You store Butternut Squash much differently than summer squash. Butternut squash can be stored longer than summer squashes because their skin is so hard and thick. Store in a cool dry place for at least a month. If the squash has been cut into pieces, then wrap in a plastic wrap and refrigerate up to 5 days.

I like to pair up Butternut Squash recipes with a Pinot Grigio or Chenin Blanc wine.
When it comes to cooking Butternut Squash you have many options: a gratin, soup, soufflé or even in stir-fry.

My favorite way to really cook a Butternut Squash though is in a soup. And, with the cold weather we have been experiencing lately in Missouri it’s soup time. Try this recipe for a little change at the dinner table.

Butternut Squash Soup
1/2 cup onions, chopped
2 tablespoons butter or margarine
2 cups chicken broth
1 pound butternut squash, pared, seeded and cut into 1-inch cubes
2 pears, pared and sliced
1 teaspoon fresh-snipped thyme leaves
1/4 teaspoon salt
1/4 teaspoon white pepper
1/4 teaspoon coriander, ground
1 cup whipping cream

Cook and stir onion in margarine in 4-quart Dutch oven until tender. Stir in broth, squash, 2 sliced pears, thyme, salt, white pepper, and coriander. Heat to boiling; reduce heat. Cover and simmer until squash is tender, 10 to 15 minutes. Pour about half of the soup into food processor work bowl fitted with steel blade or into blender container; cover and process until smooth. Repeat with remaining soup. Return to Dutch oven; stir in whipping cream. Heat, stirring frequently, until hot. Serve with sliced pear and pecans.

Source: Public domain recipes converted from Meal Master format.

September 6, 2008

Heirloom Tomatoes: Taste the Freshness

Although the farmers’ market season is winding down you can still get out to your local farm stand and markets and take part in one of the very best parts local food – heirloom tomatoes!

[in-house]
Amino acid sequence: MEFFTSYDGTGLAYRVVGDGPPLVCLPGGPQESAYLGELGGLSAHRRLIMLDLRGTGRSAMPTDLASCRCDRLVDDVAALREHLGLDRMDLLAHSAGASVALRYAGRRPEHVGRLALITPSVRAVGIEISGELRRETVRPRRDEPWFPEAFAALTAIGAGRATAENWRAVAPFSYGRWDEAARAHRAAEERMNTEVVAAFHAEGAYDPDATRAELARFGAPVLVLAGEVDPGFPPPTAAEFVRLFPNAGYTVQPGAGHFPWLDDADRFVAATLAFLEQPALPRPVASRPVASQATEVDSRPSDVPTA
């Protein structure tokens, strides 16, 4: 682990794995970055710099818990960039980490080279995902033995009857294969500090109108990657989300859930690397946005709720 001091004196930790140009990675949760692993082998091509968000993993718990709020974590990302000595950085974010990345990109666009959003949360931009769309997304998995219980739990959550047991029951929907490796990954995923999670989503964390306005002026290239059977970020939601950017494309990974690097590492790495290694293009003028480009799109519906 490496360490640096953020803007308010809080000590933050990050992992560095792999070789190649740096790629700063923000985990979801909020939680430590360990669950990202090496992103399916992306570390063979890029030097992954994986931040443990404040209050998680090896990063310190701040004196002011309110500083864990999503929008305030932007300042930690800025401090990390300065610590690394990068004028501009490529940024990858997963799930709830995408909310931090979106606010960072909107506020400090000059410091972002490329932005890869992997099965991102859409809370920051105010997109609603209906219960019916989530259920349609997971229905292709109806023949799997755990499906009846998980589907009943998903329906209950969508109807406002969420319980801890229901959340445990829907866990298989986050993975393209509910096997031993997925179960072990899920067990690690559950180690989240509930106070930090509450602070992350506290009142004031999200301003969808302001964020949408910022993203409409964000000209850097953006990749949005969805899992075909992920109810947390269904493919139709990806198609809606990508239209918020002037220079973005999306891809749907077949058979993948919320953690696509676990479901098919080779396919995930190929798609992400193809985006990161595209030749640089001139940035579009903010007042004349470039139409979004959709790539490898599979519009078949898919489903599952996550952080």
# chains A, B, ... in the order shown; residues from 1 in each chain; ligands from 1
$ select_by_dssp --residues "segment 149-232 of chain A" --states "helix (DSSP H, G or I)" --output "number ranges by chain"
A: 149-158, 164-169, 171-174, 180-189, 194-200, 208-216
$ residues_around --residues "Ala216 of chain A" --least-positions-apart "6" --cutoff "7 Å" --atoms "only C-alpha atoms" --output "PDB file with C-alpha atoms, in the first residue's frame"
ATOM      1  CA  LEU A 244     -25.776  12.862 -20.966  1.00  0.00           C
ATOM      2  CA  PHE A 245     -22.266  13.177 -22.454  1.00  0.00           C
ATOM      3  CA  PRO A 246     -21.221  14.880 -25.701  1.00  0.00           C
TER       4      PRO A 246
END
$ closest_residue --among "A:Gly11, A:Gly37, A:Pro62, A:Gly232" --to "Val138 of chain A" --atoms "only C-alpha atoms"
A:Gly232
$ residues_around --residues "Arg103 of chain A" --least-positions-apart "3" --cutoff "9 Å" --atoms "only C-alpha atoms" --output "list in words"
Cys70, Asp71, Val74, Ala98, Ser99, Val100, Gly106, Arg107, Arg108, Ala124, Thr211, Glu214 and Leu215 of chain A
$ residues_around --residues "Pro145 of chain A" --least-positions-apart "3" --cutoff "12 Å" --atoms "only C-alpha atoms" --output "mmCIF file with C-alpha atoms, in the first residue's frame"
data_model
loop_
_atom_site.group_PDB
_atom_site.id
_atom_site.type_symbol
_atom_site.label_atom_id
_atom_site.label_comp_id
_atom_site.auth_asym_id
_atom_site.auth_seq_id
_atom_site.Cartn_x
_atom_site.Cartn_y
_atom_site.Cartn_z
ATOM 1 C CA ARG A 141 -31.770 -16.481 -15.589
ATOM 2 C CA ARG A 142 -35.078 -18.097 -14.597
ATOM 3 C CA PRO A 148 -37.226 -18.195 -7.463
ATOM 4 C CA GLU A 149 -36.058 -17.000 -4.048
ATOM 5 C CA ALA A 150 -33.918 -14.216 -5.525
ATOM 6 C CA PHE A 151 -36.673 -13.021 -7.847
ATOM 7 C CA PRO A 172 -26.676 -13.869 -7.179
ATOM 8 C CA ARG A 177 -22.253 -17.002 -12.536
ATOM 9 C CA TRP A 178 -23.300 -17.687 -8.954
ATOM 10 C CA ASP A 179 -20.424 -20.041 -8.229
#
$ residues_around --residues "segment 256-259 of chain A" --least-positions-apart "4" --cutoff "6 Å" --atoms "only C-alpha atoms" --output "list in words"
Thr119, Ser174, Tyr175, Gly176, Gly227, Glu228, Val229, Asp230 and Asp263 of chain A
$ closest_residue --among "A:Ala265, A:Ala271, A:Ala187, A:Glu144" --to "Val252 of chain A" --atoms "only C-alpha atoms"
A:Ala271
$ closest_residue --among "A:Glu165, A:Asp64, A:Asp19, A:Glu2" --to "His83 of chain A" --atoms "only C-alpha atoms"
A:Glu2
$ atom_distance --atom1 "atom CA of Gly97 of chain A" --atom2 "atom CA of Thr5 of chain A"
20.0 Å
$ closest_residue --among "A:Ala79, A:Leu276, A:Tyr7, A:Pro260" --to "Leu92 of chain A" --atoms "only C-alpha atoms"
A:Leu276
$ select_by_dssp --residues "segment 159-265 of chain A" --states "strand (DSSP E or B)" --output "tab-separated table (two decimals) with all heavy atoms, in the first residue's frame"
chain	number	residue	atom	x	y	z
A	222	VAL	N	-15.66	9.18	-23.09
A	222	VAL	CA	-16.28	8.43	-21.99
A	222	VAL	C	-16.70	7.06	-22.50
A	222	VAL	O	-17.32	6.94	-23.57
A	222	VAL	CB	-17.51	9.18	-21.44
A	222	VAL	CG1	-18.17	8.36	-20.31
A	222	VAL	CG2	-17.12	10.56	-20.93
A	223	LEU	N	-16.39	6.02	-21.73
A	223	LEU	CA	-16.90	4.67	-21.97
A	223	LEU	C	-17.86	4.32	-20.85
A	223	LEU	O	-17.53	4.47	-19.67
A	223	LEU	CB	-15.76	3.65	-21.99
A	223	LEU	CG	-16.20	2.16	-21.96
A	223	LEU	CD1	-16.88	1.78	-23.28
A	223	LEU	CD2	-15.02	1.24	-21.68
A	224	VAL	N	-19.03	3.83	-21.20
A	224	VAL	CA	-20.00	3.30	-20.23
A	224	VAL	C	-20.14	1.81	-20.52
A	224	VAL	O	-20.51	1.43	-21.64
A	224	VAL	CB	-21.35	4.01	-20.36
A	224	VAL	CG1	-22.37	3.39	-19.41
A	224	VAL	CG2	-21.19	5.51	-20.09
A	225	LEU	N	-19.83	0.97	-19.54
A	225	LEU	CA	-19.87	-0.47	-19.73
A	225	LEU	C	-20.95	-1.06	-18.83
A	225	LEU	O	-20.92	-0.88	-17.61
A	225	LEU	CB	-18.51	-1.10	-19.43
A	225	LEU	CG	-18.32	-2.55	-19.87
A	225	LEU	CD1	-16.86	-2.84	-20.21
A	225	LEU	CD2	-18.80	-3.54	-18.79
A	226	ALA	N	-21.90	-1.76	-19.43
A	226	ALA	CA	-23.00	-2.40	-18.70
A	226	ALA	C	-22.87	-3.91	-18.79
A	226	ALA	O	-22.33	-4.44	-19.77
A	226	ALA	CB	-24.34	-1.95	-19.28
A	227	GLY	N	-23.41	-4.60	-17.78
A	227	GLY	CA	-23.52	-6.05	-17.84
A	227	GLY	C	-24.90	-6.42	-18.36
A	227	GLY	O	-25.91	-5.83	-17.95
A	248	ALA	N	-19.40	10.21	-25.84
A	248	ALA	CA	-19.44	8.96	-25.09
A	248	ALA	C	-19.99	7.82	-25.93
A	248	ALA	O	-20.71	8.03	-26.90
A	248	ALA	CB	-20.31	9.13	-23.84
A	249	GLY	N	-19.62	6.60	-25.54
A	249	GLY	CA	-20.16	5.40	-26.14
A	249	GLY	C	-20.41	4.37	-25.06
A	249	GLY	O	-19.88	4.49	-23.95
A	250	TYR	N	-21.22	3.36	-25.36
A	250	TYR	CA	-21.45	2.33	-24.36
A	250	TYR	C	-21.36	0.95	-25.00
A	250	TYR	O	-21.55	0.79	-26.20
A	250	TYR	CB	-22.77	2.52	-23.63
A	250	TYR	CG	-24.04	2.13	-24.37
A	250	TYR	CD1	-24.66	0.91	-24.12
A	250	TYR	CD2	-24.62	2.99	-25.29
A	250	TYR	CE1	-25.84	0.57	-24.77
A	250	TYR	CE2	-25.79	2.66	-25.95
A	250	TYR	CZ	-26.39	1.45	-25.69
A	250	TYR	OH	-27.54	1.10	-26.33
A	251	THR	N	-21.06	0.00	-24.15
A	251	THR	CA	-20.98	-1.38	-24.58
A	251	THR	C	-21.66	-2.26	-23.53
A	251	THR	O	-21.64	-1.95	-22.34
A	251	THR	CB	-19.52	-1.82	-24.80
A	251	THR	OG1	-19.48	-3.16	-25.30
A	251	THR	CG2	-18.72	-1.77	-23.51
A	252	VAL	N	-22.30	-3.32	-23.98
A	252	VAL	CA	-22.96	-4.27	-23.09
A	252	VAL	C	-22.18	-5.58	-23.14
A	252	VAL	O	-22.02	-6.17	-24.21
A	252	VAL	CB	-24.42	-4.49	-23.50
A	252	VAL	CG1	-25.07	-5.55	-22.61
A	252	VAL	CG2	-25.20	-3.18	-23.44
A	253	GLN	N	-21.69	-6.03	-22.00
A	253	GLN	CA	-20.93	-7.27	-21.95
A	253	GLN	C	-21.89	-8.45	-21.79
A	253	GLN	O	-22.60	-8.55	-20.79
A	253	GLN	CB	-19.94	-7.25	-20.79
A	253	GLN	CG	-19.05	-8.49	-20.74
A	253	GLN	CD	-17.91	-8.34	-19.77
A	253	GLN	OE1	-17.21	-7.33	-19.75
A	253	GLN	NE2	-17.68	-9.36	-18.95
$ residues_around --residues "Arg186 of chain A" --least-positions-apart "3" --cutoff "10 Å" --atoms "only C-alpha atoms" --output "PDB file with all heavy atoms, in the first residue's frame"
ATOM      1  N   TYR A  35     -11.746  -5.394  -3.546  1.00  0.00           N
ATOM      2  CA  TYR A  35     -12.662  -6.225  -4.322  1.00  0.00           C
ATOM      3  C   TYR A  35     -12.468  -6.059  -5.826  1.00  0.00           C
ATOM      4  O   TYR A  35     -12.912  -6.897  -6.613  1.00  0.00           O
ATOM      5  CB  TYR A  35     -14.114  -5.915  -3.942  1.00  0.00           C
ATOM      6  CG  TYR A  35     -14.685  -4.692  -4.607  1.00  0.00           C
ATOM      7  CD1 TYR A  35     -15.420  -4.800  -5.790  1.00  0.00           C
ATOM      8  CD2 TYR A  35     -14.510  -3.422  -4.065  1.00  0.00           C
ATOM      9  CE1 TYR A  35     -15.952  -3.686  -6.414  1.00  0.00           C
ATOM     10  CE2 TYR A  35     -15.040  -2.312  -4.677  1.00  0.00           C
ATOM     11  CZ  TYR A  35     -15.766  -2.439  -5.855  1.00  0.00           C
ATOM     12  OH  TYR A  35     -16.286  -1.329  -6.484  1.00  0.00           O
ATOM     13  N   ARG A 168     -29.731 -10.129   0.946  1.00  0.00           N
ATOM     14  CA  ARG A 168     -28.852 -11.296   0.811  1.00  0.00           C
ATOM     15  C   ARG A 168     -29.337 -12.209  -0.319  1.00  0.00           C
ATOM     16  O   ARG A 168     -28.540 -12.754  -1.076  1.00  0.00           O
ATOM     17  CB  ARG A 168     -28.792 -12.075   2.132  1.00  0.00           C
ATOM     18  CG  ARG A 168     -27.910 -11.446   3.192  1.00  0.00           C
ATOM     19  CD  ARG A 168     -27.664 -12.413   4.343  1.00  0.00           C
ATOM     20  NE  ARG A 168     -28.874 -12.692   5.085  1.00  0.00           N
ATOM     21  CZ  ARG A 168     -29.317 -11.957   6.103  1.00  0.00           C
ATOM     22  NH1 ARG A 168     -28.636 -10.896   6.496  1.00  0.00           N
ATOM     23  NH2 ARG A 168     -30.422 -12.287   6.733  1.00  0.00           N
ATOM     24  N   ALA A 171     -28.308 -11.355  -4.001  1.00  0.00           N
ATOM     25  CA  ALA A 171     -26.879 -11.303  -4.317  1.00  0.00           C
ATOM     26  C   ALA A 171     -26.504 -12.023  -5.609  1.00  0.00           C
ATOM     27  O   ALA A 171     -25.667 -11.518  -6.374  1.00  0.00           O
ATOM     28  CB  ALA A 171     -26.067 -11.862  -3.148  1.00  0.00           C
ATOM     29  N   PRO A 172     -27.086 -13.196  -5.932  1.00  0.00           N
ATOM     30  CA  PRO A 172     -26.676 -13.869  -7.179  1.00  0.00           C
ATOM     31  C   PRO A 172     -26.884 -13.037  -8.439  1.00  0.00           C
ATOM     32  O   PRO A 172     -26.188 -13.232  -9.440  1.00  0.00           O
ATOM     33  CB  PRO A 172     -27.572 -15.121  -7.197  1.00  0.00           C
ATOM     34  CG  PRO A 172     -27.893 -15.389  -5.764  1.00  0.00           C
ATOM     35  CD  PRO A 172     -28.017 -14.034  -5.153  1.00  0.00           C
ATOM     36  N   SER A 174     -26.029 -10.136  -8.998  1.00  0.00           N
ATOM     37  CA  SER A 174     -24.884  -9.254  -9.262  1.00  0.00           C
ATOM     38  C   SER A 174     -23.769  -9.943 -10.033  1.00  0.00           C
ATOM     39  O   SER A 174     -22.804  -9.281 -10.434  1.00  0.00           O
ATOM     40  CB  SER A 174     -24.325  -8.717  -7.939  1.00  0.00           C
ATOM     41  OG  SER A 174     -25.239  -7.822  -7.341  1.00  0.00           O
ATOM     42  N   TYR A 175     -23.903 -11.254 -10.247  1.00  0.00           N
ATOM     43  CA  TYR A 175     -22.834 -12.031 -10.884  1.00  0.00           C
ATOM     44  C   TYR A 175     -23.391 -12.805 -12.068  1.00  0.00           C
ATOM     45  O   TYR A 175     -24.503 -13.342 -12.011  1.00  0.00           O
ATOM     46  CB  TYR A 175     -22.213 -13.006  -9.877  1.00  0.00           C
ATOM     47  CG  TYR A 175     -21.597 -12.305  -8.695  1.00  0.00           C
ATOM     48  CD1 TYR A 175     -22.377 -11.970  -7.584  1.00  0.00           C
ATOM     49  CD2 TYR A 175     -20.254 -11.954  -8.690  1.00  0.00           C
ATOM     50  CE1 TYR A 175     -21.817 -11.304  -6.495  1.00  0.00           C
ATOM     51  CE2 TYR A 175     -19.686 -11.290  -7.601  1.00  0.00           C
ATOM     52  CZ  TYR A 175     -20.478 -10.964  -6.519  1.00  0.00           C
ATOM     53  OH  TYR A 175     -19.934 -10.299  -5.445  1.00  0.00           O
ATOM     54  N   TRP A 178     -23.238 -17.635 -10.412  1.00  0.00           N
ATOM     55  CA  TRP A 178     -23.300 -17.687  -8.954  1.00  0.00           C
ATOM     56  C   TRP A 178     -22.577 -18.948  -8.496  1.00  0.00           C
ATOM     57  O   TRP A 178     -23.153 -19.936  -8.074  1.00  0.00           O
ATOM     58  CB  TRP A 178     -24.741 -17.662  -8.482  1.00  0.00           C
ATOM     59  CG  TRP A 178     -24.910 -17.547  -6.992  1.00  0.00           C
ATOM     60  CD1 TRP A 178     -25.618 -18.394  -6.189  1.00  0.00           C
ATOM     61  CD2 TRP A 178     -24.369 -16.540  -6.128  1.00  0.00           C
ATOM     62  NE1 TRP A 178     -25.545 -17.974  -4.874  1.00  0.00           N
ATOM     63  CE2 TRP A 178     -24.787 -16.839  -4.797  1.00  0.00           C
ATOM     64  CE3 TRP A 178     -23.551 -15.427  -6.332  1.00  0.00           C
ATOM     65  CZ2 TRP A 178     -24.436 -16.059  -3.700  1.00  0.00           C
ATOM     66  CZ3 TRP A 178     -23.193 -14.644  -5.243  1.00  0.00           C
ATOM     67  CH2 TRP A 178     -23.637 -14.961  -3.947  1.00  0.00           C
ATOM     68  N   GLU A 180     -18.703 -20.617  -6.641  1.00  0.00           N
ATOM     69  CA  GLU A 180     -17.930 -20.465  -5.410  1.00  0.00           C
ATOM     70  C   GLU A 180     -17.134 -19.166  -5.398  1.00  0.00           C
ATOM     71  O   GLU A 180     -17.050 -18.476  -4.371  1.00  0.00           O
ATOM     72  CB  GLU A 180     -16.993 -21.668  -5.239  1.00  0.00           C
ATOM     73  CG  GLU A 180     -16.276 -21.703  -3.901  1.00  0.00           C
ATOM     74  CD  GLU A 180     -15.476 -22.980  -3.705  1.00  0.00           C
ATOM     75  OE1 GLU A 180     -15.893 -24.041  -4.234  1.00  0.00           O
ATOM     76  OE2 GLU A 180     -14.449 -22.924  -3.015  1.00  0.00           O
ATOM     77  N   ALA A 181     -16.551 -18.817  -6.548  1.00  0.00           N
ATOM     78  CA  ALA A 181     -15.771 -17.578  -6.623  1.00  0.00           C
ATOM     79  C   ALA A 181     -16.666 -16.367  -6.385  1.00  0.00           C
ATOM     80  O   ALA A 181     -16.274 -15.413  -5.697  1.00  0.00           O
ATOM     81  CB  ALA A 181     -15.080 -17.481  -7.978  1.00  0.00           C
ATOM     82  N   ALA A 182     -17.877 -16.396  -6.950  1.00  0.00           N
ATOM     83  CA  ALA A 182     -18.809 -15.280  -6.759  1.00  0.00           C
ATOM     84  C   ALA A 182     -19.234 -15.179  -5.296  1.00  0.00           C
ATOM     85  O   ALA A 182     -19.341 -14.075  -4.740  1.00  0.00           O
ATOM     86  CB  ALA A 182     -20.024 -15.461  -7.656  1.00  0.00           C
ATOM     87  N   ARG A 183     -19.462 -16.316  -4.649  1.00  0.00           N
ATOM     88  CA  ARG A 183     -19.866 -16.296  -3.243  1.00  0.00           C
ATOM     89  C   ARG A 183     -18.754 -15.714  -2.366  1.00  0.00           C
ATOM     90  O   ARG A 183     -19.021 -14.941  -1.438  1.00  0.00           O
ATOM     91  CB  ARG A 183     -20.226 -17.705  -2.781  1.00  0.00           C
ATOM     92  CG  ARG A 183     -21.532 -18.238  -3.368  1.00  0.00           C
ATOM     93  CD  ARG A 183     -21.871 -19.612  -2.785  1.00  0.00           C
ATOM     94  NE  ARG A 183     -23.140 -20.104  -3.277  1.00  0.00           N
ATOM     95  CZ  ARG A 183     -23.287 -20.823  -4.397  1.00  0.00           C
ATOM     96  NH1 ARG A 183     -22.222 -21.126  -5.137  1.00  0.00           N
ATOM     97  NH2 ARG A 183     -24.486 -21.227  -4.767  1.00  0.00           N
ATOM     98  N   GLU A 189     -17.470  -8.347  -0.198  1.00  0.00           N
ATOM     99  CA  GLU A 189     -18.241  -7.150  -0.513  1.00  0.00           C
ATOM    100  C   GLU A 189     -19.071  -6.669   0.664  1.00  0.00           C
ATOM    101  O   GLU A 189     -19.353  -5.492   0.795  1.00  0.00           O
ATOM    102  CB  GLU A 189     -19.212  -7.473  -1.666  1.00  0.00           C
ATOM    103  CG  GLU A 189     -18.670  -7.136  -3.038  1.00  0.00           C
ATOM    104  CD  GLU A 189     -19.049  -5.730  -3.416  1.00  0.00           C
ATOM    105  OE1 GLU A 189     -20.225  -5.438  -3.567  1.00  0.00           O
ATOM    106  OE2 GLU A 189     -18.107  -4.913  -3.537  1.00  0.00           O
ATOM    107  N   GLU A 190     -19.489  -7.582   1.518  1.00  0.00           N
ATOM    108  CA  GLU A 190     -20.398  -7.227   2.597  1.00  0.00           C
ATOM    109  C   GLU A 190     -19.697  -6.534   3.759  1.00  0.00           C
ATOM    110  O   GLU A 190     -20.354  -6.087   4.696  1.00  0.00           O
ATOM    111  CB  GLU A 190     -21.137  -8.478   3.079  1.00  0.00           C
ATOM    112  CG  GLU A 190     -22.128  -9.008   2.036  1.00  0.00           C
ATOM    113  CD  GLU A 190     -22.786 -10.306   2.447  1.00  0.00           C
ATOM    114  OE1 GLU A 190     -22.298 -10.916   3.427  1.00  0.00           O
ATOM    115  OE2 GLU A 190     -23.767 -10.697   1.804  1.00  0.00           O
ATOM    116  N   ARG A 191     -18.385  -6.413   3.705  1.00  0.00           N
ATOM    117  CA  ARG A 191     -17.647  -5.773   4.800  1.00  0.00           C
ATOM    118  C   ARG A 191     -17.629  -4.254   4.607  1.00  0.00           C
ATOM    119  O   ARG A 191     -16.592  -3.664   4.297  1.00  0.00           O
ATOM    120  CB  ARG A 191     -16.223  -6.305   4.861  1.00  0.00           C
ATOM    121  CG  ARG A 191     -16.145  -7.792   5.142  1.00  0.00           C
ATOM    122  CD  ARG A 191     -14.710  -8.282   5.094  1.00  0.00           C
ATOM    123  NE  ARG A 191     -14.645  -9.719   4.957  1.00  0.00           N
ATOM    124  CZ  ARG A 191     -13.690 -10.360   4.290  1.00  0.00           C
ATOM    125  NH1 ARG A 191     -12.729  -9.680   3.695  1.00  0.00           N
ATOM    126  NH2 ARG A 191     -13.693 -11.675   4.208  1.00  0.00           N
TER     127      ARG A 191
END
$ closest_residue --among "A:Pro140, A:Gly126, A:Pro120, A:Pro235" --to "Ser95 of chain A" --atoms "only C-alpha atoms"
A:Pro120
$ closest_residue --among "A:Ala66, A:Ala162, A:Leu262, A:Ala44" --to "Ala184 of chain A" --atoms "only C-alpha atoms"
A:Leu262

My family has grown heirlooms in our family garden since I was a child, as do I in my own garden. Heirlooms (or heritage tomatoes) are non-hybrid tomatoes. The definition of the use of the word heirloom to describe plants is highly debated, according to Wikipedia. I consider a true heirloom a cultivar that has been nurtured, selected, and handed down from one family member to another for many generations.

There are SO many varieties to choose from when it comes to heirloom tomatoes…endless possibilities. My favorites are Cherokee Purple and Green Zebra.

If you have never had the opportunity to taste the freshness of heirloom tomatoes, I highly suggest you visit your local market before the end of the season and give it a try.

This year at the Missouri State Fair visitors were able to taste 9 varieties of heirloom tomatoes at the Missouri State Fair Farmers’ Market I put together in the Ag Building. Read about the market events and the heirlooms on my Farmers’ Market Blog or check out other photos from the fair market.

Here are some good readings if you are interested in heirloom tomatoes as well. Or maybe you want to buy some heirloom seeds for your garden next season….take a look at Baker Creek Seeds (where I purchase a lot of my garden seed) or Morgan County Seed (both Missouri companies).

Suggested Heirloom Readings:
Smith & Hawken: 100 Heirloom Tomatoes for the American Garden (book)
The Heirloom Tomato Cookbook (book)
Why Grow Heirloom Tomatoes
How to plant heirloom tomatoes